Congenital Amegakaryocytic Thrombocytopenia: A Case Series Indicating 2 Founder Variants in the Mississippi Band of Choctaw Indians.

J Pediatr Hematol Oncol 2017 10;39(7):573-575

*Department of Pediatrics, University of Mississippi Medical Center, Jackson †Choctaw Health Center, Philadelphia, MS.

Congenital amegakaryocytic thrombocytopenia is a rare disorder causing thrombocytopenia that progresses to pancytopenia and bone marrow failure if untreated. It is caused by variants in the MPL gene which encodes the thrombopoeitin receptor. In this report, we review 5 cases of congenital amegakaryocytic thrombocytopenia, all of whom belong to the Mississippi Band of Choctaw Indians. There are 2 common variants in these cases: R90X and R537W. One variant was previously reported only once and had unclear significance at that time. With these variants identified, we hope to improve screening that results in earlier diagnosis in the Choctaw population in the future.
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http://dx.doi.org/10.1097/MPH.0000000000000904DOI Listing
October 2017

A trial of unrelated donor marrow transplantation for children with severe sickle cell disease.

Blood 2016 11 13;128(21):2561-2567. Epub 2016 Sep 13.

AABB Center for Cellular Therapies, Bethesda, MD.

Children with sickle cell disease experience organ damage, impaired quality of life, and premature mortality. Allogeneic bone marrow transplant from an HLA-matched sibling can halt disease progression but is limited by donor availability. A Blood and Marrow Transplant Clinical Trials Network (BMT CTN) phase 2 trial conducted from 2008 to 2014 enrolled 30 children aged 4 to 19 years; 29 were eligible for evaluation. The primary objective was 1-year event-free survival (EFS) after HLA allele-matched (at HLA-A, -B, -C, and -DRB1 loci) unrelated donor transplant. The conditioning regimen included alemtuzumab, fludarabine, and melphalan. Graft-versus-host disease (GVHD) prophylaxis included calcineurin inhibitor, short-course methotrexate, and methylprednisolone. Transplant indications included stroke (n = 12), transcranial Doppler velocity >200 cm/s (n = 2), ≥3 vaso-occlusive pain crises per year (n = 12), or ≥2 acute chest syndrome episodes (n = 4) in the 2 years preceding enrollment. Median follow-up was 26 months (range, 12-62 months); graft rejection was 10%. The 1- and 2-year EFS rates were 76% and 69%, respectively. The corresponding rates for overall survival were 86% and 79%. The day 100 incidence rate of grade II-IV acute GVHD was 28%, and the 1-year incidence rate of chronic GVHD was 62%; 38% classified as extensive. There were 7 GVHD-related deaths. A 34% incidence of posterior reversible encephalopathy syndrome was noted in the first 6 months. Although the 1-year EFS met the prespecified target of ≥75%, this regimen cannot be considered sufficiently safe for widespread adoption without modifications to achieve more effective GVHD prophylaxis. The BMT CTN #0601 trial was registered at www.clinicaltrials.gov as #NCT00745420.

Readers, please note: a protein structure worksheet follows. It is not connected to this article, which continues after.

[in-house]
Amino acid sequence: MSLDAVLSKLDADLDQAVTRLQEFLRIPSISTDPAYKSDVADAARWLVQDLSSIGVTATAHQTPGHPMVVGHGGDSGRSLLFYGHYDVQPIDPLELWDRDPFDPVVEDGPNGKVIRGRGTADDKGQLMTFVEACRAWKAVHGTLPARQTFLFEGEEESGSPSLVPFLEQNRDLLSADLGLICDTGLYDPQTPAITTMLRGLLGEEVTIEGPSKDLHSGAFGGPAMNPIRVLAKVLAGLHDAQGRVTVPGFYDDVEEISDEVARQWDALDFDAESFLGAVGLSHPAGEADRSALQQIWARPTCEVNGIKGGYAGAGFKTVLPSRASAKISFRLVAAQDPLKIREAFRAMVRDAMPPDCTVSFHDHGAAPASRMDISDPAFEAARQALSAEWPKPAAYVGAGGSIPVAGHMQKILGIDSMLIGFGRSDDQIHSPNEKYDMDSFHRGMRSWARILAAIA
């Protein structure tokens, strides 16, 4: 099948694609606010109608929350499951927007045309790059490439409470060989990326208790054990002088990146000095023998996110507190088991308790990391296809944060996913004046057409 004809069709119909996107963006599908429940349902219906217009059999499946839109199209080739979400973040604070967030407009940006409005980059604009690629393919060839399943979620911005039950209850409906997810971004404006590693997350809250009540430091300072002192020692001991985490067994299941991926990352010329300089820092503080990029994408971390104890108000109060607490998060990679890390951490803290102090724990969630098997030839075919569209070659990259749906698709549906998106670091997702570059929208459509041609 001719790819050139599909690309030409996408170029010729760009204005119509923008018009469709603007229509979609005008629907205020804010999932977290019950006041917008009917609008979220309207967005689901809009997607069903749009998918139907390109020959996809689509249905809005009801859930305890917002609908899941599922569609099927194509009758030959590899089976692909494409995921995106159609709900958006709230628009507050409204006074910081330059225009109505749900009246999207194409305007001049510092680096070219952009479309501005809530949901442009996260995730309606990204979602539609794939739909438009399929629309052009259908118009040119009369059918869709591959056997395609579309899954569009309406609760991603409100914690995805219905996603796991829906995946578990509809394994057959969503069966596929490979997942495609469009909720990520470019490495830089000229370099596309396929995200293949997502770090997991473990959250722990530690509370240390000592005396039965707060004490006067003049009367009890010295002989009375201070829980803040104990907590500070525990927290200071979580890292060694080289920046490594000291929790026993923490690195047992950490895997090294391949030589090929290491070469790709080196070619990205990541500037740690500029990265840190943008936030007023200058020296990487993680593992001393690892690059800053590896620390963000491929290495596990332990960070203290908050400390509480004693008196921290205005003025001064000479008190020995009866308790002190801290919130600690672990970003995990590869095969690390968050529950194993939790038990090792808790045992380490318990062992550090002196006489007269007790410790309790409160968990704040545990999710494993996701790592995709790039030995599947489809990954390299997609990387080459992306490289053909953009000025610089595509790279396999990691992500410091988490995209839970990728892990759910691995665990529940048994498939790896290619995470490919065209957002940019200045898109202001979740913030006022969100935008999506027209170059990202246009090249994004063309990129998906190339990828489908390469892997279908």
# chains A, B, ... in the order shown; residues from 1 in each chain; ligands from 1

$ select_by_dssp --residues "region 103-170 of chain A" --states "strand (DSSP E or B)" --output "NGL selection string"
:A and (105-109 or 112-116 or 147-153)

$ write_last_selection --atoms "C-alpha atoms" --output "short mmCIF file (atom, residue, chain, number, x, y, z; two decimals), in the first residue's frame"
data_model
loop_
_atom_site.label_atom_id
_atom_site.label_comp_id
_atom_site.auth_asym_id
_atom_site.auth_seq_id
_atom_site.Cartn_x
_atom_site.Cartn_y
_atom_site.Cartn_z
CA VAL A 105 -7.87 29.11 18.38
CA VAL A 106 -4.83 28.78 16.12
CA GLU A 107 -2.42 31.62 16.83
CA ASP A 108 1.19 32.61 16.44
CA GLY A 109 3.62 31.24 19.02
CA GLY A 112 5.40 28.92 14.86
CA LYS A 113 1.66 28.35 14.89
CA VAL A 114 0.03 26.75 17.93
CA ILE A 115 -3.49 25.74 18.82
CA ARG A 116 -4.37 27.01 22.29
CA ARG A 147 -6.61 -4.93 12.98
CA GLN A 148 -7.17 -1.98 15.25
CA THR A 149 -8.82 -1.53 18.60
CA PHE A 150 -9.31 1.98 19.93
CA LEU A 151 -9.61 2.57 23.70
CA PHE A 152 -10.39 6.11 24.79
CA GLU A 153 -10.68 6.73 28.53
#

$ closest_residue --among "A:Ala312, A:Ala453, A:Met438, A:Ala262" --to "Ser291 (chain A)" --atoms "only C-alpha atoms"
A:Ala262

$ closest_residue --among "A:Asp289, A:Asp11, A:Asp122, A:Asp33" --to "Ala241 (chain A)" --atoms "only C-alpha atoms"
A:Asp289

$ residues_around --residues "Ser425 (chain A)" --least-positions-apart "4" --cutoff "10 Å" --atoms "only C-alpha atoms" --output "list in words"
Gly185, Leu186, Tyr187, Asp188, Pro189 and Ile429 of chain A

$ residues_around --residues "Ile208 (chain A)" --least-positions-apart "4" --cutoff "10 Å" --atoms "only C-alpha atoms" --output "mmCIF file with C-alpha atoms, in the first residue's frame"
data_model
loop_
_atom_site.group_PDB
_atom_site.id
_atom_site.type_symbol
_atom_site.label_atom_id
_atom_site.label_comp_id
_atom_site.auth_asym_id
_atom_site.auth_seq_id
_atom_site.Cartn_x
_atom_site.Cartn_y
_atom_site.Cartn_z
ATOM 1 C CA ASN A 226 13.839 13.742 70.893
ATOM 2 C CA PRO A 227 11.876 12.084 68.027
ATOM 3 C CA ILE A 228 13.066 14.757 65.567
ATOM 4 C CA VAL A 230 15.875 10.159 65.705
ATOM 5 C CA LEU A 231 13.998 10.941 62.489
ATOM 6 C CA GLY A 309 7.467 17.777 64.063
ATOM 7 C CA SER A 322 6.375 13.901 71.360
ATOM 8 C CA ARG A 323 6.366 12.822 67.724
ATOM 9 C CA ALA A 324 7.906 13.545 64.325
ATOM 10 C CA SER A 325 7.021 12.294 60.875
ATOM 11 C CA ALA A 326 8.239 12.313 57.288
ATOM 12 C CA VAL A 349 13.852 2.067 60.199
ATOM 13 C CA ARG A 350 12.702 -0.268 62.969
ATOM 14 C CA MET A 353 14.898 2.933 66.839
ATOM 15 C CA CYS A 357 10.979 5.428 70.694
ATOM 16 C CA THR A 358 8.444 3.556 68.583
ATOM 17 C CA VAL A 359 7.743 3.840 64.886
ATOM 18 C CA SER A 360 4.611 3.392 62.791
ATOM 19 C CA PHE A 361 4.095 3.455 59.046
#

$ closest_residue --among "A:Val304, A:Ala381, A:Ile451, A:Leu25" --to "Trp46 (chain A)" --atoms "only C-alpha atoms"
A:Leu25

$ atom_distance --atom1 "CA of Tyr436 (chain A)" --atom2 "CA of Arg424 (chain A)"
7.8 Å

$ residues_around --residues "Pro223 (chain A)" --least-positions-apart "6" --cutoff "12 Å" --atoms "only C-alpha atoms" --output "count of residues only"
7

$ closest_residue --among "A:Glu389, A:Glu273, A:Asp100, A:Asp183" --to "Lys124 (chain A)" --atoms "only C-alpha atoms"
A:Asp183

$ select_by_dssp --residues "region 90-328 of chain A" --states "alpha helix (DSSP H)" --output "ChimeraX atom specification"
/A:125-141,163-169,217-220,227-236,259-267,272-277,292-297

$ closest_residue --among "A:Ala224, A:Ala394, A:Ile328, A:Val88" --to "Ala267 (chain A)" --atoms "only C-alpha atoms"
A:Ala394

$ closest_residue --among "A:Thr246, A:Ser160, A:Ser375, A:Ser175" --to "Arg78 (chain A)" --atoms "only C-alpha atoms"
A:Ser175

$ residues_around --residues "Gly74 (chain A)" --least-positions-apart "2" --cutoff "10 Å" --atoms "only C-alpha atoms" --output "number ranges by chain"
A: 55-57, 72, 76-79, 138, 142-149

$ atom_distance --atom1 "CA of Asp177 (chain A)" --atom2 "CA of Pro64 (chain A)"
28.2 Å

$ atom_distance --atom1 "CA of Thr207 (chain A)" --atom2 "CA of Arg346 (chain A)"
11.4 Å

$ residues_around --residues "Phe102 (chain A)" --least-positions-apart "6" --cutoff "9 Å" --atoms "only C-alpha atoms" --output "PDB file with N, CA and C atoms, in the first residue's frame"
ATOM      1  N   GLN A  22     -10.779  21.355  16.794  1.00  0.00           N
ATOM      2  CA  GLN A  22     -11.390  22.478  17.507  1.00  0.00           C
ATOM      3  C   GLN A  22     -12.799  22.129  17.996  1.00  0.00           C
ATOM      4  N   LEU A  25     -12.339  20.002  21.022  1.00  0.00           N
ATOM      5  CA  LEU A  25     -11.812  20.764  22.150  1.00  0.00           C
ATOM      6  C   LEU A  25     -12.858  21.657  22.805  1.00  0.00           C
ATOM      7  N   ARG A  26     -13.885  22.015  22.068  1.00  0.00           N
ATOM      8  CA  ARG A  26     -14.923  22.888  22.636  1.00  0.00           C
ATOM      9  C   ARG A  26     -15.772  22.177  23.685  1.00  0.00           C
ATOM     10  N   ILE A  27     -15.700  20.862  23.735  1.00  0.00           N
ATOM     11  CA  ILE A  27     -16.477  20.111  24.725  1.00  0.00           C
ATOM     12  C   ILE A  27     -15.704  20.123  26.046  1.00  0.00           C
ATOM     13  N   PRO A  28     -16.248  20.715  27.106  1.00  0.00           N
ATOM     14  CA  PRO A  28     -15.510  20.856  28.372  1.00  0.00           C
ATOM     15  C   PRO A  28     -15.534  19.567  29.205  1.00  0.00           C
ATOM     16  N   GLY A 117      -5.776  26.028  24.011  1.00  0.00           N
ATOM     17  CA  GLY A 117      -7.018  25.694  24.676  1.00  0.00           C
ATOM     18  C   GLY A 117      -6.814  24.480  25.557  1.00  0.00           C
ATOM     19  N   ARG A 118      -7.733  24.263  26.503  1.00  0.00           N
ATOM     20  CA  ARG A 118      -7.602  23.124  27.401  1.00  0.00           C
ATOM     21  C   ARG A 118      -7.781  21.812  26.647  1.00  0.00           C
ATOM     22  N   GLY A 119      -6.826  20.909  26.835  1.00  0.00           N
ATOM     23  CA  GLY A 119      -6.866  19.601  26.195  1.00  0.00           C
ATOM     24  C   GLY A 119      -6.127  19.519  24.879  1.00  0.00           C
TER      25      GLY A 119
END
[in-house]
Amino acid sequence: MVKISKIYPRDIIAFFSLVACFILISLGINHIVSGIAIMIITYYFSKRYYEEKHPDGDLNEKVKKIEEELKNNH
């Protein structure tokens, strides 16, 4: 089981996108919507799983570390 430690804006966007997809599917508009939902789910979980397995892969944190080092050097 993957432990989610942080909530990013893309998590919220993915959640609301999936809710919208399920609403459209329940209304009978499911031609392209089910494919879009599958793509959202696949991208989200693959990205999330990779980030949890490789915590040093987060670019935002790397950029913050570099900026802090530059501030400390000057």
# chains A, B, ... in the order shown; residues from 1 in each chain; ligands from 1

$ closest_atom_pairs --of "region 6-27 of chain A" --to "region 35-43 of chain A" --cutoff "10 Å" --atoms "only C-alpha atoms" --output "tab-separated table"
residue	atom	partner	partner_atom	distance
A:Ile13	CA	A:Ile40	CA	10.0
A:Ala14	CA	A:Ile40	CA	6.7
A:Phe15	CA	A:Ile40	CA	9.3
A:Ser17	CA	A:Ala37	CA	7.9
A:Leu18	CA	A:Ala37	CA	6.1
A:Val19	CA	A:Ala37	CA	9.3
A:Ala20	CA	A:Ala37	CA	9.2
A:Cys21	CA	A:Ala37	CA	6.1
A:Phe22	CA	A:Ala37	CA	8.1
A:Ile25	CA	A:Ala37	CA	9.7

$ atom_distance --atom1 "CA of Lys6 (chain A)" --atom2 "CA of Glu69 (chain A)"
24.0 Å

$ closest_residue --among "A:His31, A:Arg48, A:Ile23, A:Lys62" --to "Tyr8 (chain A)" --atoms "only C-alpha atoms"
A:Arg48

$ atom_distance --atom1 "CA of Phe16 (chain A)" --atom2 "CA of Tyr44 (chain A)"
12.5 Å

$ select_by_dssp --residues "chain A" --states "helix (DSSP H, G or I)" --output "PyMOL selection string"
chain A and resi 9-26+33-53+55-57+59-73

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http://dx.doi.org/10.1182/blood-2016-05-715870DOI Listing
http://www.ncbi.nlm.nih.gov/pmc/articles/PMC5123194PMC
November 2016

Sunitinib significantly suppresses the proliferation, migration, apoptosis resistance, tumor angiogenesis and growth of triple-negative breast cancers but increases breast cancer stem cells.

Vasc Cell 2014 1;6:12. Epub 2014 Jun 1.

Cancer Institute, University of Mississippi Medical Center, 2500 North State Street, 39216-4505 Jackson, MS, USA ; Department of Physiology & Biophysics, University of Mississippi Medical Center, Jackson, MS 39216, USA.

The majority of triple-negative breast cancers (TNBCs) are basal-like breast cancers. However there is no reported study on anti-tumor effects of sunitinib in xenografts of basal-like TNBC (MDA-MB-468) cells. In the present study, MDA-MB-231, MDA-MB-468, MCF-7 cells were cultured using RPMI 1640 media with 10% FBS. Vascular endothelia growth factor (VEGF) protein levels were detected using ELISA (R & D Systams). MDA-MB-468 cells were exposed to sunitinib for 18 hours for measuring proliferation (3H-thymidine incorporation), migration (BD Invasion Chamber), and apoptosis (ApopTag and ApoScreen Anuexin V Kit). The effect of sunitinib on Notch-1 expression was determined by Western blot in cultured MDA-MB-468 cells. 10(6) MDA-MB-468 cells were inoculated into the left fourth mammary gland fat pad in athymic nude-foxn1 mice. When the tumor volume reached 100 mm(3), sunitinib was given by gavage at 80 mg/kg/2 days for 4 weeks. Tumor angiogenesis was determined by CD31 immunohistochemistry. Breast cancer stem cells (CSCs) isolated from the tumors were determined by flow cytometry analysis using CD44(+)/CD24(-) or low. ELISA indicated that VEGF was much more highly expressed in MDA-MB-468 cells than MDA-MB-231 and MCF-7 cells. Sunitinib significantly inhibited the proliferation, invasion, and apoptosis resistance in cultured basal like breast cancer cells. Sunitinib significantly increased the expression of Notch-1 protein in cultured MDA-MB-468 or MDA-MB-231 cells. The xenograft models showed that oral sunitinib significantly reduced the tumor volume of TNBCs in association with the inhibition of tumor angiogeneisis, but increased breast CSCs. These findings support the hypothesis that the possibility should be considered of sunitinib increasing breast CSCs though it inhibits TNBC tumor angiogenesis and growth/progression, and that effects of sunitinib on Notch expression and hypoxia may increase breast cancer stem cells. This work provides the groundwork for an innovative therapeutic strategy in TNBC therapy by using sunitinib plus γ-secretase inhibitor to simultaneously target angiogenesis and CSC.